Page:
PE 167 F                    Cardio Kick Boxing Aerobics
   PE 170 F                    Self-Defense
   PE 171 F                    Soccer
   PE 172 F                    Softball
   PE 174 F                    Inline Skating
   PE 175 F                    Volleyball
   PE 176 F                    Tennis
   PE 179 F                    Pep Squad Training
   PE 180 F                    Baseball
Program Review Response Form   PCC Approved March 6, 2002; External review rubrics removed 8/11/09 WSC   Page 9
   PE 181 F                    Basketball
   PE 182 F                    Body Building/Development/Weight Training
   PE 183 F                    Conditioning for Athletes
   PE 185 F                    Football – Defense
   PE 186 F                    Football – Offense
   PE 187 F                    Physical Fitness
   PE 188 F                    Self Defense- Boxing
   PE 189 F                    Soccer
   PE 190 F                    Softball

Theory

            #              Course Name
         PE 235 F          First Aid, CPR, & Safety Education
         PE 236 F          Prevention/Care/ Athletic Injuries
         PE 238 F          Water Safety Instruction
         PE 239 F          Open Water I Scuba
         PE 240 F          Sports Officiating for Men
         PE 241 F          Sports Officiating for Women
         PE 245 F          Lifesaving, Basic Rescue/CPR
         PE 246 F          Advanced / Master SCUBA Diver
         PE 247 F          Sports Management
         PE 248 F          Psychology of Sport
         PE 249 F          Caribbean Diving Tour
         PE 250 F          Sport & the US Society
         PE 251 F          Philosophy of Martial Arts
         PE 252 F          Intro to Physical Education
         PE 280 F          Professional Activity-Theory/Baseball
         PE 281 F          Professional Activity-Theory/Basketball
         PE 282 F          Professional Activity-Theory/Softball
         PE 283 F          Professional Activity-Theory/Football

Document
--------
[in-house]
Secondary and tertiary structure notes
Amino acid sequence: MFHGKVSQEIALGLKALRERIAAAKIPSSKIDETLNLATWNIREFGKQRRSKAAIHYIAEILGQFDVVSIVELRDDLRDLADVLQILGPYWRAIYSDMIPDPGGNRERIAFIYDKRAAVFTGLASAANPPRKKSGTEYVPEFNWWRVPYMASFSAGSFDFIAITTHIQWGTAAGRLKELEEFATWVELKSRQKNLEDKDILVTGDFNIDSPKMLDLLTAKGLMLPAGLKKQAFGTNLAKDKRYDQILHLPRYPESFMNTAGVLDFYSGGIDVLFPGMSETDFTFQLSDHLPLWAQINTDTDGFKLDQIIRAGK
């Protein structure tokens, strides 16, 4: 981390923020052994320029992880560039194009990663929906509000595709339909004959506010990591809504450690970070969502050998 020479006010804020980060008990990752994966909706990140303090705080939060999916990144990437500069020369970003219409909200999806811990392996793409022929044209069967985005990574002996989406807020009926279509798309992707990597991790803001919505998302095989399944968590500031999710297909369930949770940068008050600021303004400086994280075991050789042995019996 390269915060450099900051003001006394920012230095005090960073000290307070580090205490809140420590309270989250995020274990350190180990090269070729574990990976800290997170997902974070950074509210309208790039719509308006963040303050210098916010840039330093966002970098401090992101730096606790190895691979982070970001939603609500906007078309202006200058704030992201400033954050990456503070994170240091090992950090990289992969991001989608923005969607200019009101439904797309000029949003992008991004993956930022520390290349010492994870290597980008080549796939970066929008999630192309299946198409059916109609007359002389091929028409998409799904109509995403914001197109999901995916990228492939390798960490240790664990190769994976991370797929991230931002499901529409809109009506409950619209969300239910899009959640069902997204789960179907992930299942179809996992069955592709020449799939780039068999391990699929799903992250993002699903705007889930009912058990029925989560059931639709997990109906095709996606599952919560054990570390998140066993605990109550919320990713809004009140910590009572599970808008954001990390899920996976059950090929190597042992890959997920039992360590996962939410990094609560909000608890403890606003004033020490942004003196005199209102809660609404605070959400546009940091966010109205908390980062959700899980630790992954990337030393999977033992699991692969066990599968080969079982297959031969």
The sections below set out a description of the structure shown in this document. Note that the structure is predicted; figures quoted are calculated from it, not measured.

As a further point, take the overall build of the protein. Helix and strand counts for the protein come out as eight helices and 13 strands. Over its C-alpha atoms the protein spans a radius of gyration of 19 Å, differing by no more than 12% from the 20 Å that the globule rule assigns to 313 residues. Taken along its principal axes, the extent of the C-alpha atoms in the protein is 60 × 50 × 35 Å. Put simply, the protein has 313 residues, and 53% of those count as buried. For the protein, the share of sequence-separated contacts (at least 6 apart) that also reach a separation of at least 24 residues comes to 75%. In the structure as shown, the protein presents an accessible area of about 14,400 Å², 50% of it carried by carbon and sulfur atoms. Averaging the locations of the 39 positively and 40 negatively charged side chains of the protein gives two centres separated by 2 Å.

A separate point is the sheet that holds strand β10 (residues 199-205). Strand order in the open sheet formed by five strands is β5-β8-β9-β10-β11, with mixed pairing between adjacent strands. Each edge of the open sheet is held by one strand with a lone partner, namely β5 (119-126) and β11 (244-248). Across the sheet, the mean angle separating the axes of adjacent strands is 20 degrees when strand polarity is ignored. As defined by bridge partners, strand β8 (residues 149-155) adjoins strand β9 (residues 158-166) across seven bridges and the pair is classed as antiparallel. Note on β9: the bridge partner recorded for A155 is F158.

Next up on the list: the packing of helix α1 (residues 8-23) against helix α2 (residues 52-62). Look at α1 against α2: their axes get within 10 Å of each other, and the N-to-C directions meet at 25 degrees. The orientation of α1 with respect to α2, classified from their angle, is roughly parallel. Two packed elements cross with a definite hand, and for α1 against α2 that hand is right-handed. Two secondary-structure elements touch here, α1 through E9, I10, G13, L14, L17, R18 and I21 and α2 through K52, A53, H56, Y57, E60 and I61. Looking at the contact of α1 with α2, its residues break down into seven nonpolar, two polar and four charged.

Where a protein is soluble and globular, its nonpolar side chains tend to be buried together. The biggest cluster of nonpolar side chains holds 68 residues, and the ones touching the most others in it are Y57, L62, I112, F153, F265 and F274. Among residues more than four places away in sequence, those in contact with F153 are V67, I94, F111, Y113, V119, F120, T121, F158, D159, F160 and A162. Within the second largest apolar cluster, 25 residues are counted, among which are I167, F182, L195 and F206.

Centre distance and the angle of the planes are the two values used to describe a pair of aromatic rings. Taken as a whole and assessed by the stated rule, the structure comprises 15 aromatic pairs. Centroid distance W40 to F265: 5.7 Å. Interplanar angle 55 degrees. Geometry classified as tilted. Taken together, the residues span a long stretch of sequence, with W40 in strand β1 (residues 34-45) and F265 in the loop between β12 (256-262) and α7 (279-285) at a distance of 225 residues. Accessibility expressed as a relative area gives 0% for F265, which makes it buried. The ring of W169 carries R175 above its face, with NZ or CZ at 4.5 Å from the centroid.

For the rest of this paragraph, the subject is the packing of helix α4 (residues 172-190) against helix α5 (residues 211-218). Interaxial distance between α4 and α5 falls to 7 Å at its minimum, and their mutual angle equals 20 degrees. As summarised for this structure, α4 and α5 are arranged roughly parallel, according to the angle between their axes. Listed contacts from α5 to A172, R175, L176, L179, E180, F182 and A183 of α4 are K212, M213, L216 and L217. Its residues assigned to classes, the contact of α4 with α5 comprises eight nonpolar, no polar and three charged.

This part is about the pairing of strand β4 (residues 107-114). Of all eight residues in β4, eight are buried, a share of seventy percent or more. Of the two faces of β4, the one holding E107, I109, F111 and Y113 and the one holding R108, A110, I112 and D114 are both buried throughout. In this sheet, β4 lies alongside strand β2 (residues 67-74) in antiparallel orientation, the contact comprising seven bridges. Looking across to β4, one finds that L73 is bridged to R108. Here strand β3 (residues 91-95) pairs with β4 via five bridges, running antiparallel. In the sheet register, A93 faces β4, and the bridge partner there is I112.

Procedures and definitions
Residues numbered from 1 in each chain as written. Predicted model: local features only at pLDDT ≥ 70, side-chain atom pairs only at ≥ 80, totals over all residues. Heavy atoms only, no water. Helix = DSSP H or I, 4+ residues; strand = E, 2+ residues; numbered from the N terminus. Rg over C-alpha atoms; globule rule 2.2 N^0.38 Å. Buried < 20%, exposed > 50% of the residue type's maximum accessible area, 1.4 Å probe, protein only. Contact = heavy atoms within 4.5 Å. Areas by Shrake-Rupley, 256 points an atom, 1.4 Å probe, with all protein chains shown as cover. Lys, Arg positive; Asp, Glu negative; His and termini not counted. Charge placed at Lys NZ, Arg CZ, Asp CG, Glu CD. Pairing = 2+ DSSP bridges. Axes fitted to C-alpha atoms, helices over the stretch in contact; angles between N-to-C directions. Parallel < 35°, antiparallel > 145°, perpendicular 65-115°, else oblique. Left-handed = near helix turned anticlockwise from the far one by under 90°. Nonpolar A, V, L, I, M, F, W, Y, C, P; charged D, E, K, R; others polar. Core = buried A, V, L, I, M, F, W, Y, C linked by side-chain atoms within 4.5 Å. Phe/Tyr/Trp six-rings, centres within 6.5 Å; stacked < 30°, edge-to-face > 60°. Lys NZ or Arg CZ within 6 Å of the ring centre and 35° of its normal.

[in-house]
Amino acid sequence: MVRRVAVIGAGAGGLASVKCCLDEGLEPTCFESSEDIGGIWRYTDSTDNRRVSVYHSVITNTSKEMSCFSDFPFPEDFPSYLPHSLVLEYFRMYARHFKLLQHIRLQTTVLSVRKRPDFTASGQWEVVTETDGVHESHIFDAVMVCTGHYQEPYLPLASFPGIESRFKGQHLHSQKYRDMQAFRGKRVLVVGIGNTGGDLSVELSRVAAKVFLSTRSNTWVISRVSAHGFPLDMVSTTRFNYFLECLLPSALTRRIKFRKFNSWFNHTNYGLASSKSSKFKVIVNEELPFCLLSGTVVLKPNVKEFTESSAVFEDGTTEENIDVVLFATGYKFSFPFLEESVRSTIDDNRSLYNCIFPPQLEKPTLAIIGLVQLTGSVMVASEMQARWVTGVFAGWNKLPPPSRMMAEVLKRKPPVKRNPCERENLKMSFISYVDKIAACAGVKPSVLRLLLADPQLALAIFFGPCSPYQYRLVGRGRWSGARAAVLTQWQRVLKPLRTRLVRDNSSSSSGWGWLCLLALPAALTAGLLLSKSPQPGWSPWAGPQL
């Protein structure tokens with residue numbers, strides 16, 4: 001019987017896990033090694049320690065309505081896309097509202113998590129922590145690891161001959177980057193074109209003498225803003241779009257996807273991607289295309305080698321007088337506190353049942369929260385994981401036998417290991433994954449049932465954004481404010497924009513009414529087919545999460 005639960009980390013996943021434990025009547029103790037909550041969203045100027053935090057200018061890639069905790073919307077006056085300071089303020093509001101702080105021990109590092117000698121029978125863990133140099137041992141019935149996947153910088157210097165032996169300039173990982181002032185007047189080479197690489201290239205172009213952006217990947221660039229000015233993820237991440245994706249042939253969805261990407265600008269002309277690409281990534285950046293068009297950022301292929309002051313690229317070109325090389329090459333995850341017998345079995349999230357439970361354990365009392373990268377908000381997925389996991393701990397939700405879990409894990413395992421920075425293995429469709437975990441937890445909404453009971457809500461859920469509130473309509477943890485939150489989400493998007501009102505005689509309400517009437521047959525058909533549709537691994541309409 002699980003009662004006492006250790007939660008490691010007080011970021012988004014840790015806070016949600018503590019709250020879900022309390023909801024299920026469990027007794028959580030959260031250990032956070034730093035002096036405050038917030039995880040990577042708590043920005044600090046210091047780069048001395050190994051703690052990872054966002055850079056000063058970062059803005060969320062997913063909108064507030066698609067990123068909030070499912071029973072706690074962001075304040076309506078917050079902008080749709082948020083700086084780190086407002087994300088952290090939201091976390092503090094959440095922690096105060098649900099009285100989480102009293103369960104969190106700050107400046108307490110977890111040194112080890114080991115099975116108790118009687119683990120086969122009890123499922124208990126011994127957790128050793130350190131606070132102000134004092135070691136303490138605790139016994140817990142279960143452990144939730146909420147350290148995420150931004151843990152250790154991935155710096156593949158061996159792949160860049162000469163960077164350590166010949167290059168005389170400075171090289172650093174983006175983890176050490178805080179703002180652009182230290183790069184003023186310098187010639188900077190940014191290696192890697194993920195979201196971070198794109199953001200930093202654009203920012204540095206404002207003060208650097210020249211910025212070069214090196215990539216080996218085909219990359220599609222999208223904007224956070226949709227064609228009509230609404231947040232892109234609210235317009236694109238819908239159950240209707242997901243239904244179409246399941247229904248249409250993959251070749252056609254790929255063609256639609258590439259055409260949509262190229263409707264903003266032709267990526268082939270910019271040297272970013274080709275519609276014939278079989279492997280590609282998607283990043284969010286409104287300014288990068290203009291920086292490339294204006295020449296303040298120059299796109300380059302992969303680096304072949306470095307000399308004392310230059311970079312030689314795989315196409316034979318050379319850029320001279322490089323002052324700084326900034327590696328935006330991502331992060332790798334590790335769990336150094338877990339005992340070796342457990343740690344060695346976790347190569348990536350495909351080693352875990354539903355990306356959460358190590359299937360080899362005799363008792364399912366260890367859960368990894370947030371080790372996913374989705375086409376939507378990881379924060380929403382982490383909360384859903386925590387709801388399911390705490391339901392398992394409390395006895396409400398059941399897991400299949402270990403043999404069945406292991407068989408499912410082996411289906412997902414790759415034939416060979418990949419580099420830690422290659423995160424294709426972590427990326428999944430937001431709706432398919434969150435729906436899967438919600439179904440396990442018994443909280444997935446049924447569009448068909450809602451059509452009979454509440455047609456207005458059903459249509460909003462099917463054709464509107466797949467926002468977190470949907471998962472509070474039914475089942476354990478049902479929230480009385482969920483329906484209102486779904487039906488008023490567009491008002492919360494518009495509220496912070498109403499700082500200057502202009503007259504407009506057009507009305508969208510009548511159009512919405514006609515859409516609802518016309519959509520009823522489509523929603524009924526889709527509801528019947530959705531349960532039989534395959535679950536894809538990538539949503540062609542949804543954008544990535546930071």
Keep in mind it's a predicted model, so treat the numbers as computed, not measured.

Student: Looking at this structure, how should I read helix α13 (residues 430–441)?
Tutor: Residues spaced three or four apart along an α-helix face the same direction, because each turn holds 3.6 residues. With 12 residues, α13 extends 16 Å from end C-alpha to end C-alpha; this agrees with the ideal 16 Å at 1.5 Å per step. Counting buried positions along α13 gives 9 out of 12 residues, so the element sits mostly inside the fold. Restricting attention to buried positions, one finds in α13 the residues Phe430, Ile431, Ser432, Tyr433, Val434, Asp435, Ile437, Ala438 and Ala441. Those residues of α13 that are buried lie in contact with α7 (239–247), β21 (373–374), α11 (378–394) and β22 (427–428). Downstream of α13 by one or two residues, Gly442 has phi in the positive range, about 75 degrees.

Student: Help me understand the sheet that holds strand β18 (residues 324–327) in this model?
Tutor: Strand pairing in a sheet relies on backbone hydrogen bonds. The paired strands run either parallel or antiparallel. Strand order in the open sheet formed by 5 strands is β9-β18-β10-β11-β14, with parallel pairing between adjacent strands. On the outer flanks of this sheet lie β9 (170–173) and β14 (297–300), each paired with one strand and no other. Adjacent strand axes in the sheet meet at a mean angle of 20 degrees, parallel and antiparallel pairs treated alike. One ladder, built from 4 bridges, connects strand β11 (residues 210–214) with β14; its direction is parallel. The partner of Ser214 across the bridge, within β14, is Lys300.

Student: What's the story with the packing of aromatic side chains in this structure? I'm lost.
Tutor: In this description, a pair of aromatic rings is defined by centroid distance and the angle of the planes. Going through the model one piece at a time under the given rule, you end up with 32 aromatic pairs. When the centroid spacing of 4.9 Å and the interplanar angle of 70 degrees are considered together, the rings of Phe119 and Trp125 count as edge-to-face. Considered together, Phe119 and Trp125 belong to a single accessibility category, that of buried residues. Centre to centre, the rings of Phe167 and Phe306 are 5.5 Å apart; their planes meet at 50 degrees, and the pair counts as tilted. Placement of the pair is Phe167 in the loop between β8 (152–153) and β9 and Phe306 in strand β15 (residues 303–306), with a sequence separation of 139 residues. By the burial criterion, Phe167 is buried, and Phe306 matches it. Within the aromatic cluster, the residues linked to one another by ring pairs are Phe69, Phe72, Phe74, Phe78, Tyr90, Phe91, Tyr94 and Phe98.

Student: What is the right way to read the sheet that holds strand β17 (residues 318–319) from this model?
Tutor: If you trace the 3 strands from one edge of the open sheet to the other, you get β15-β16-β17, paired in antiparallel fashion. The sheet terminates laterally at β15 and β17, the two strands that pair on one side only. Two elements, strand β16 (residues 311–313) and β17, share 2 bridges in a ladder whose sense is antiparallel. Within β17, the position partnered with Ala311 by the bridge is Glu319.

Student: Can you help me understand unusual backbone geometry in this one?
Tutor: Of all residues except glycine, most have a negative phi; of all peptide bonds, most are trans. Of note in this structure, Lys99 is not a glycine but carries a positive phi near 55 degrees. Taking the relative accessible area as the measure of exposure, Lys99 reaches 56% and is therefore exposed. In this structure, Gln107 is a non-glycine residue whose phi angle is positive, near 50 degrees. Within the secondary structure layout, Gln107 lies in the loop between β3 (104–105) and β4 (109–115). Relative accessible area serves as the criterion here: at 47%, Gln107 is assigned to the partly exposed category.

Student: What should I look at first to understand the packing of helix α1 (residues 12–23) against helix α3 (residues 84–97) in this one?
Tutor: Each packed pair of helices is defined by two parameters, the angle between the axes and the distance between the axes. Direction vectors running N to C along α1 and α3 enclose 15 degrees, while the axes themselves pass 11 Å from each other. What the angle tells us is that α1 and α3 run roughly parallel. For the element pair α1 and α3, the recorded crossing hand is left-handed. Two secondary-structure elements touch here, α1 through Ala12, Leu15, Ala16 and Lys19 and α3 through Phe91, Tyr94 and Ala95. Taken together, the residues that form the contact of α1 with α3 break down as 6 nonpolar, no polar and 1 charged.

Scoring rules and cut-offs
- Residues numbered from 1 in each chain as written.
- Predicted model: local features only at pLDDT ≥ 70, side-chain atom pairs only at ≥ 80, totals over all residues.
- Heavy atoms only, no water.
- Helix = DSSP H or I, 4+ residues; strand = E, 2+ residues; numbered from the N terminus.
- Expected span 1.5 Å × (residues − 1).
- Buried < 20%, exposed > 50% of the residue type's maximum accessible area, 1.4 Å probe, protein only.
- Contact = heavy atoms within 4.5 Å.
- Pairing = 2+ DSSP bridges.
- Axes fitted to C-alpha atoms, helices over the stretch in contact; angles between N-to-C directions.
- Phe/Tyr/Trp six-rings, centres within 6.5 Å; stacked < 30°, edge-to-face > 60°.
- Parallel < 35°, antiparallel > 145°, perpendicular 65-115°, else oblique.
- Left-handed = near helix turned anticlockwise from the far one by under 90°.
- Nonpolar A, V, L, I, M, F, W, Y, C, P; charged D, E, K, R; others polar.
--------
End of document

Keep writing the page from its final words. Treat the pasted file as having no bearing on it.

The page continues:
PE 284 F          Professional Activity-Theory/Soccer
         PE 285 F          Professional Activity-Theory/Volleyball


Indicate number of adjunct faculty E. PROGRAM FACULTY
       List faculty
Fullerton College Physical Education Staff

    Instructor Name:           Position:
    Dr. Pete Snyder            Dean of Physical Education
                               Softball Coach
    Lisa Bassi
                               Women's Golf Coach
                               Women's Track & Field Coach
    Gina Bevec
                               Cross Country Coach
    Tim Byrnes                 Head Football Coach
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                               Women's Badminton Coach
    Connie Carroll
                               Message Therapy Training
    Robin Conrad               Professor of Dance
    Brian Crooks               Assistant Football Coach
    Nick Fuscardo              Baseball Coach
                               Athletic Director
    Scott Giles                Strength & Conditioning Coach
                               Women's Tennis Coach
    Jeff Jespersen             Assistant Football Coach
    Aric Juarez                Men's Track & Field Coach
                               Women's Soccer Coach
    Pamela Lewin
                               Assistant Women's Badminton Coach
    Rhett Price                Men's Water Polo Coach
    Eddie Rapp                 Women's Volleyball Coach
    Melanie Rosa               Professor of Dance
    Roger See                  Men's Tennis Coach
    Kathleen Whalen            Professor of Dance
    Alix Plum-Widner           Cheer Coach
    Debi Woelke                Women's Basketball Coach

Adjunct faculty as of Fall 2009 number forty-three (43).

F. PROGRAM ADVISORY COMMITTEES
List members and their role/title

        Dance Technique – chair: Melanie Rosa
        Gloria DeFore – Business
        Erin Landry – Industry
        Aracely Ellis - Special Populations
        Melanie Kay Rosa – Faculty
        Cody Wilbourn and Cerissa Gilligan – Students

        Aquatic Specialist – chair: Rhett Price
        Don Luethke - Athletic Director, Western h.s.
        Dave Johnson – Water Polo Coach, Social Science teacher – El Dorado h.s.
        Bernard Ma – Aquatics Coach, Social Science teacher – Valencia h.s.
        Katina Kitchens – Aquatics Coach, History teacher – Magnolia h.s.

        Athletic Coach – chair: Pam Lewin
        Jim Brumm - Swim & Water Polo Coach, Social Science teacher, Foothill h.s.
        Ted Clark - Swim Coach, Teacher, Buena Park h.s.
        Steve Anderson – Athletic Director, Canyon h.s.
        Sharon Caperton – Athletic Director, Brea h.s.

        Group Fitness Instructor – chair: Alix Plum Widner
        Judy Chan - Adjunct Professor, Fullerton College
        Marsha Kramer – Adjunct Professor, Fullerton College
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        Vanessa Juarez – Adjunct Professor, Fullerton College